Find and kill /home/cloud process so we can edit it without the watchdog watch_process restarting it

killall cloud

Change the check within /home/cloud executable to query a fake domain so it never returns a failure, then reboot.


sed -i 's|api.xiaoyi.com/v4/ipc/check_did|api.xiaoyi.foo/v4/ipc/check_did|g' /home/cloud
reboot

Notes – The camera checks for the country by running an executable called /home/cloud
This calls an api at api.xiaoyi.com which does a ip check, then returns a true or false value if it thinks you’re in China or not. We change the /home/cloud executable ip check call to a bad url, which means it can’t perform its check.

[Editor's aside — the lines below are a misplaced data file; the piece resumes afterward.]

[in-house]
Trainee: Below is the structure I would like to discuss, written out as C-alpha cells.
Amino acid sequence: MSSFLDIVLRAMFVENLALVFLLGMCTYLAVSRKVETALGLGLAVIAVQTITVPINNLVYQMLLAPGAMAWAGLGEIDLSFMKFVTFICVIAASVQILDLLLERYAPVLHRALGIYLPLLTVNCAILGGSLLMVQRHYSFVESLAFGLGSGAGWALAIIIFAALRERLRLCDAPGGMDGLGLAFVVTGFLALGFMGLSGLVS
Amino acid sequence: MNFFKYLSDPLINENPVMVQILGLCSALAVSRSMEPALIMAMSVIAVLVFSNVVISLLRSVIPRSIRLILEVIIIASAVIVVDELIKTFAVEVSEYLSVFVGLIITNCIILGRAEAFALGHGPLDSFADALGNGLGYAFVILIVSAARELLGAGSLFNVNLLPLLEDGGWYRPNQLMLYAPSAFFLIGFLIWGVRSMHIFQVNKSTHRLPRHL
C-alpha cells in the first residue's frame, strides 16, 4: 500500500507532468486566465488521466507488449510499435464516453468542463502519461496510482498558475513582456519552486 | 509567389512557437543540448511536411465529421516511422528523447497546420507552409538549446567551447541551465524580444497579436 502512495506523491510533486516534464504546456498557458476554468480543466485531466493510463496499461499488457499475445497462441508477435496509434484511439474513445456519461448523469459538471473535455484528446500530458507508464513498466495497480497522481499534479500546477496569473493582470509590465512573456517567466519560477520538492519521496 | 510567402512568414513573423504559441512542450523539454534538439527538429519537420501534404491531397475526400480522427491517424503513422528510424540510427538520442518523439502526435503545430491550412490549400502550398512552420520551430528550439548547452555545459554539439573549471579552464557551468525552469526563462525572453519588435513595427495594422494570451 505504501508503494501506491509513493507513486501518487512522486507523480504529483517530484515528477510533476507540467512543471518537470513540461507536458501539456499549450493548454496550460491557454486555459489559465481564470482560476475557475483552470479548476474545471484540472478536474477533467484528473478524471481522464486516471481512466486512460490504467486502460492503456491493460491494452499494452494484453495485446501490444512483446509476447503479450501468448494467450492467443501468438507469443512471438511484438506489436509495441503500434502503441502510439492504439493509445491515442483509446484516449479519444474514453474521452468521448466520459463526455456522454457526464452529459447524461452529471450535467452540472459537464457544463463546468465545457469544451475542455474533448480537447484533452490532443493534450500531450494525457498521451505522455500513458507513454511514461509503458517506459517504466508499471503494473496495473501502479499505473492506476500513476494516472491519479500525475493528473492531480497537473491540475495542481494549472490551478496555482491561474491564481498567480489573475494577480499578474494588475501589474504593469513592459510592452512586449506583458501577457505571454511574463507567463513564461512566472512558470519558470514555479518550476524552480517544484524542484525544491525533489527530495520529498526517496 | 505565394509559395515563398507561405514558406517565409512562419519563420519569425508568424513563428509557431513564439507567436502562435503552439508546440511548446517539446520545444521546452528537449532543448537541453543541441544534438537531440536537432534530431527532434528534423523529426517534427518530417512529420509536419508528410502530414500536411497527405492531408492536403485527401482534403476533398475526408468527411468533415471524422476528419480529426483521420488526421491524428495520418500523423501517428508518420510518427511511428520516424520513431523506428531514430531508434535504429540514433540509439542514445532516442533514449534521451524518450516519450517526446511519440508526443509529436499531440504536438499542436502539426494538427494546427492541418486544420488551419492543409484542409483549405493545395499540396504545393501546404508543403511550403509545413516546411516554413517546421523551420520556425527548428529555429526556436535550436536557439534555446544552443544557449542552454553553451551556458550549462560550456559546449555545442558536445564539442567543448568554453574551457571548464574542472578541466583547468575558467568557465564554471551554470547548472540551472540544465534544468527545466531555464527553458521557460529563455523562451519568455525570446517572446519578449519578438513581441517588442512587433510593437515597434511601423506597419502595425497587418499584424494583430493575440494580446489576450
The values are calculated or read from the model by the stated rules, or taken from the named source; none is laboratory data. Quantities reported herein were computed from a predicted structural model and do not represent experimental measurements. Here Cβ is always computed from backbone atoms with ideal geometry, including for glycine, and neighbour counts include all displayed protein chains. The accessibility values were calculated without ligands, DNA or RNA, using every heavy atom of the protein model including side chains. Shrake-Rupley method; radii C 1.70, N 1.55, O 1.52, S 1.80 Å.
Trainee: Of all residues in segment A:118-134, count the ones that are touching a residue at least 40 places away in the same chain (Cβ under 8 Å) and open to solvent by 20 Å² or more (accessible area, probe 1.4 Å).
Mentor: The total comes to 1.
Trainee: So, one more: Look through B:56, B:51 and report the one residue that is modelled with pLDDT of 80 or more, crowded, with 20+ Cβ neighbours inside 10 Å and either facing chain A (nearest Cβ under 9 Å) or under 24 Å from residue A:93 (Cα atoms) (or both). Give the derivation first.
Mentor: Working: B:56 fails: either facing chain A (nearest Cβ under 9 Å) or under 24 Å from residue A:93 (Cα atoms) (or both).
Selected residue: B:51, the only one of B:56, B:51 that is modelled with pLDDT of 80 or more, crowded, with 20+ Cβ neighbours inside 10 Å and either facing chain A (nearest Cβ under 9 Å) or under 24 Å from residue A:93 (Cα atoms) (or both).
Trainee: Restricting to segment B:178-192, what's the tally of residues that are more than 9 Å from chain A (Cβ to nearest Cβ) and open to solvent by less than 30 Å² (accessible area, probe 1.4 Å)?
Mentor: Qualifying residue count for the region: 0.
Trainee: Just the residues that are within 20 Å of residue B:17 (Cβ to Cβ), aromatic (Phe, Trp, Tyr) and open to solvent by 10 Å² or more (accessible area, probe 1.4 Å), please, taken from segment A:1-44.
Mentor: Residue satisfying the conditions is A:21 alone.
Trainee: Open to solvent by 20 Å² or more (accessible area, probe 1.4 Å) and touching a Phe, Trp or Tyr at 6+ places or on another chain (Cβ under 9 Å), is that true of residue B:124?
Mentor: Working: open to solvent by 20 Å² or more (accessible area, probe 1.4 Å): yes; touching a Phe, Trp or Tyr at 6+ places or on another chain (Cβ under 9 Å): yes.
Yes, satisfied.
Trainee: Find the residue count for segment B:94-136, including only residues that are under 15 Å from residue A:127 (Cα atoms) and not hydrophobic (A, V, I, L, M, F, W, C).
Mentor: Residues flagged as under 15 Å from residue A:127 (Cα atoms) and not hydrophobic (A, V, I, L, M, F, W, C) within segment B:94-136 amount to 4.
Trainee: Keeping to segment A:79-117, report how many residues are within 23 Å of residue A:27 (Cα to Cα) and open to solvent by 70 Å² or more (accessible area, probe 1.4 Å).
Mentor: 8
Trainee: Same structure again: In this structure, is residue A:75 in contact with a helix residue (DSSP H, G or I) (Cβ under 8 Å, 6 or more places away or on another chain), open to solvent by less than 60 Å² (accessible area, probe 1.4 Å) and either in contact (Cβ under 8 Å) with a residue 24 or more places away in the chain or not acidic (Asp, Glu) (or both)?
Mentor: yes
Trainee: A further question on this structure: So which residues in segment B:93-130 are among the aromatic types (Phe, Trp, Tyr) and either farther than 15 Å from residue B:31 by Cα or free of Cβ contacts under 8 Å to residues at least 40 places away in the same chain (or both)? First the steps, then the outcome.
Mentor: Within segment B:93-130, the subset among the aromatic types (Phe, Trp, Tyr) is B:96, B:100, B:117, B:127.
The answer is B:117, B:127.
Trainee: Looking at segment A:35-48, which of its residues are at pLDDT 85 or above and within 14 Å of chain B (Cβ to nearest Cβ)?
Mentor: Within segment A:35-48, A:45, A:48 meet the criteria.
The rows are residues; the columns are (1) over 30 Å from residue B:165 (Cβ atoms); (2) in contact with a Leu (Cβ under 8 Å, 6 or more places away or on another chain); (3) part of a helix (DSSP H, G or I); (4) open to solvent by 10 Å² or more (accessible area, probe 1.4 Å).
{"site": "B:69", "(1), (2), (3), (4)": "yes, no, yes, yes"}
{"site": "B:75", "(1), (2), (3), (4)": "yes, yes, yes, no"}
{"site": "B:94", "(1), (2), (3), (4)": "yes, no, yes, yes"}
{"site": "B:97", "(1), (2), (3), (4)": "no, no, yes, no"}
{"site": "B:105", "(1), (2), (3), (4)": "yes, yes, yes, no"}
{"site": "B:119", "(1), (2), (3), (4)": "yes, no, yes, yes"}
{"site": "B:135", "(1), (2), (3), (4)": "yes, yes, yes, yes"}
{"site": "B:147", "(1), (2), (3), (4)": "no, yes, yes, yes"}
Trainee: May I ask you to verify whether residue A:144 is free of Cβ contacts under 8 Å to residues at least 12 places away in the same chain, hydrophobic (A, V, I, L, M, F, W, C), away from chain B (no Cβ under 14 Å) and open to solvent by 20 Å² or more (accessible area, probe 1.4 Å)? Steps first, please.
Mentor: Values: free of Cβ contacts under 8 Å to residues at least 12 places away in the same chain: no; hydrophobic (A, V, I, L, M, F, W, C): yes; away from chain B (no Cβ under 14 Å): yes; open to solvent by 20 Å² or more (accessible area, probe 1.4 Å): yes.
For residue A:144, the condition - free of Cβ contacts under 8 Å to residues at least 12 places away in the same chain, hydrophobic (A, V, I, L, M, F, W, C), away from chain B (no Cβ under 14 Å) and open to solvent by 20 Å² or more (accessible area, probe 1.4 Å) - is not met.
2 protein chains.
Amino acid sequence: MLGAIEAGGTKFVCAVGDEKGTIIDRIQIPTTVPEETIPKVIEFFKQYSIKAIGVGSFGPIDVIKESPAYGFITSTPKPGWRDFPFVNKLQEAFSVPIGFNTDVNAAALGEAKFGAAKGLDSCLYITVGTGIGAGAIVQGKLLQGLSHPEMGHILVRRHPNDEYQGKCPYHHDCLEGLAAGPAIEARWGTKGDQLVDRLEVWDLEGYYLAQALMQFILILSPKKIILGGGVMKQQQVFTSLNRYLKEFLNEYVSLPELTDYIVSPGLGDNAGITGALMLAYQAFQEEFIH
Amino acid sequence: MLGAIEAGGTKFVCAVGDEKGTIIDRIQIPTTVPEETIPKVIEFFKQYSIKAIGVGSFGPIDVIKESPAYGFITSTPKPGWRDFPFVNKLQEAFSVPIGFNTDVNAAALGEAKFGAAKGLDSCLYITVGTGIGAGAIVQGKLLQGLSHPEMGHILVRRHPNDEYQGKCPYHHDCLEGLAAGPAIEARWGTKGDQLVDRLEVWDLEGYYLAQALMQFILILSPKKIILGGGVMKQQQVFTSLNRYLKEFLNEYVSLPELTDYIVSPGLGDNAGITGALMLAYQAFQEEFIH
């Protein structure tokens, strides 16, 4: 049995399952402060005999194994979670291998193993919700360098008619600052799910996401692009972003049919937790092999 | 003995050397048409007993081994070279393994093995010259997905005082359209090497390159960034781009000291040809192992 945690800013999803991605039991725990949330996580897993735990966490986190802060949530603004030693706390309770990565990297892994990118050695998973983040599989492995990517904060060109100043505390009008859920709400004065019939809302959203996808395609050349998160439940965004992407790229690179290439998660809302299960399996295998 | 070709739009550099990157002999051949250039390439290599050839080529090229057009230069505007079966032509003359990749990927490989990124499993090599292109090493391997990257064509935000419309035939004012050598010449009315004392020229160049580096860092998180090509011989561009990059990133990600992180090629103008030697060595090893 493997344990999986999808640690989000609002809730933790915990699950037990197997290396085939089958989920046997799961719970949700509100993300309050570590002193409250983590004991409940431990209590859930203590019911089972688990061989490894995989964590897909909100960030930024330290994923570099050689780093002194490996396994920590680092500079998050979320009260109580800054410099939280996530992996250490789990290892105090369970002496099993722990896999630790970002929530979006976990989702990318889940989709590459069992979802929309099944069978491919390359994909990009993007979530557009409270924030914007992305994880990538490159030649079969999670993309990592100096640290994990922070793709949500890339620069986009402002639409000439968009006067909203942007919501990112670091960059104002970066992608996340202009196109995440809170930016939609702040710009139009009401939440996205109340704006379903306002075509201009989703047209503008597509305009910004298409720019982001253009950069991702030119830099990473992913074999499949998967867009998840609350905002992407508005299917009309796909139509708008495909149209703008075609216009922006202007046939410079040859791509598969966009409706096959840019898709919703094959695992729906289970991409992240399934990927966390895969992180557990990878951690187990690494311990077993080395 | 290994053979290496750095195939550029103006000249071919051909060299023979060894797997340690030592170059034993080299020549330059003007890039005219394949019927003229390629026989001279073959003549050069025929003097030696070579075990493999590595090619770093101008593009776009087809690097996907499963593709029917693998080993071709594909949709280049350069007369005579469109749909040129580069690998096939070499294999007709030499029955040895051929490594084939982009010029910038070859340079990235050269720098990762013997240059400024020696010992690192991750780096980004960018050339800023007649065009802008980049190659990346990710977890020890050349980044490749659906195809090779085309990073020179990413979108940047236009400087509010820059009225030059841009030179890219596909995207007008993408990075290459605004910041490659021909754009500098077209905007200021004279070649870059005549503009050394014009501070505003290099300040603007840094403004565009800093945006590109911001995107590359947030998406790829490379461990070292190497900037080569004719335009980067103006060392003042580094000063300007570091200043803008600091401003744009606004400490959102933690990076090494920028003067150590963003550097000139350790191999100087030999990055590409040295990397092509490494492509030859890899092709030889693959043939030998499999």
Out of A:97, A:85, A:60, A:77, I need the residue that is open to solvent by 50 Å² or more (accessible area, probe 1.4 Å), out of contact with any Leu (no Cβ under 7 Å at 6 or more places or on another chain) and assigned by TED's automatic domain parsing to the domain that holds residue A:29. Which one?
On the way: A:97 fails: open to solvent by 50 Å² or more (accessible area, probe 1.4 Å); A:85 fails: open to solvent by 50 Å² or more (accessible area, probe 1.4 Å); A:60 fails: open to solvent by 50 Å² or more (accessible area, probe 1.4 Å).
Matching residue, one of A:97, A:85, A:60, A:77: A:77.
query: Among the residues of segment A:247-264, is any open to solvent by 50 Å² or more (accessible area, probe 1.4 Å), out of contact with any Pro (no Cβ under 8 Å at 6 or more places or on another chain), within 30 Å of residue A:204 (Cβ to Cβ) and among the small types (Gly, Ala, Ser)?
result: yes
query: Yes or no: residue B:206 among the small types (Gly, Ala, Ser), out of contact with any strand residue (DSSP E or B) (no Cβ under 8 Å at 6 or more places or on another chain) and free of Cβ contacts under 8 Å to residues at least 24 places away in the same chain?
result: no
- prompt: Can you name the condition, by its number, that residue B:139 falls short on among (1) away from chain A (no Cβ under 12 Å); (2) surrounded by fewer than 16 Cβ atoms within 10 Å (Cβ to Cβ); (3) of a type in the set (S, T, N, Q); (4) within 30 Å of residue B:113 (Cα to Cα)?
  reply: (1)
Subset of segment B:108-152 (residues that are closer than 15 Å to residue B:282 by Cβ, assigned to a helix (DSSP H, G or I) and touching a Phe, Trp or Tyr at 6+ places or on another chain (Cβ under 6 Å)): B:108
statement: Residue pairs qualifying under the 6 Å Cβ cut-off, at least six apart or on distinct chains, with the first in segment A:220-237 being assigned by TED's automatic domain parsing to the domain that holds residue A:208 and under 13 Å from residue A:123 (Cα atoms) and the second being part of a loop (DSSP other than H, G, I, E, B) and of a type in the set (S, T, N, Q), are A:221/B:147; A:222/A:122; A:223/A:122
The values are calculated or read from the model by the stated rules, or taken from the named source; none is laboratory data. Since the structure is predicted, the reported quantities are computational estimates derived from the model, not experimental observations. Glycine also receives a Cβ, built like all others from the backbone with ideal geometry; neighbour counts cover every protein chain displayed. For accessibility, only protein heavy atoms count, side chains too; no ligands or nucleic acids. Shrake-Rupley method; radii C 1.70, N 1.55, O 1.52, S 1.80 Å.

Worked on my camera’s running version 1.8.6.1Q_201607271501

May
16

SSL Updates

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The SSL certificate for the all servers have been updated to use a wildcard certificate.

We *finally* changed over to use a wildcard cert, as pricing has come down enough to not warrant having separate certificates per server.
Our new wildcard certificate is valid until 2019.

What does this mean for you?

The bad news
Really old browsers won’t be able to open our site
If you are an XP user running IE6, you won’t be able to load our encrypted sites anymore. We strongly suggest you upgrade though if you fall into that category!
Same goes for those running Android 2.x (which is equally ancient in computer terms).

The good news
Email is now encrypted point to point using AES256 SHA encryption where possible, and webmail is SHA256 encrypted from server to your browser.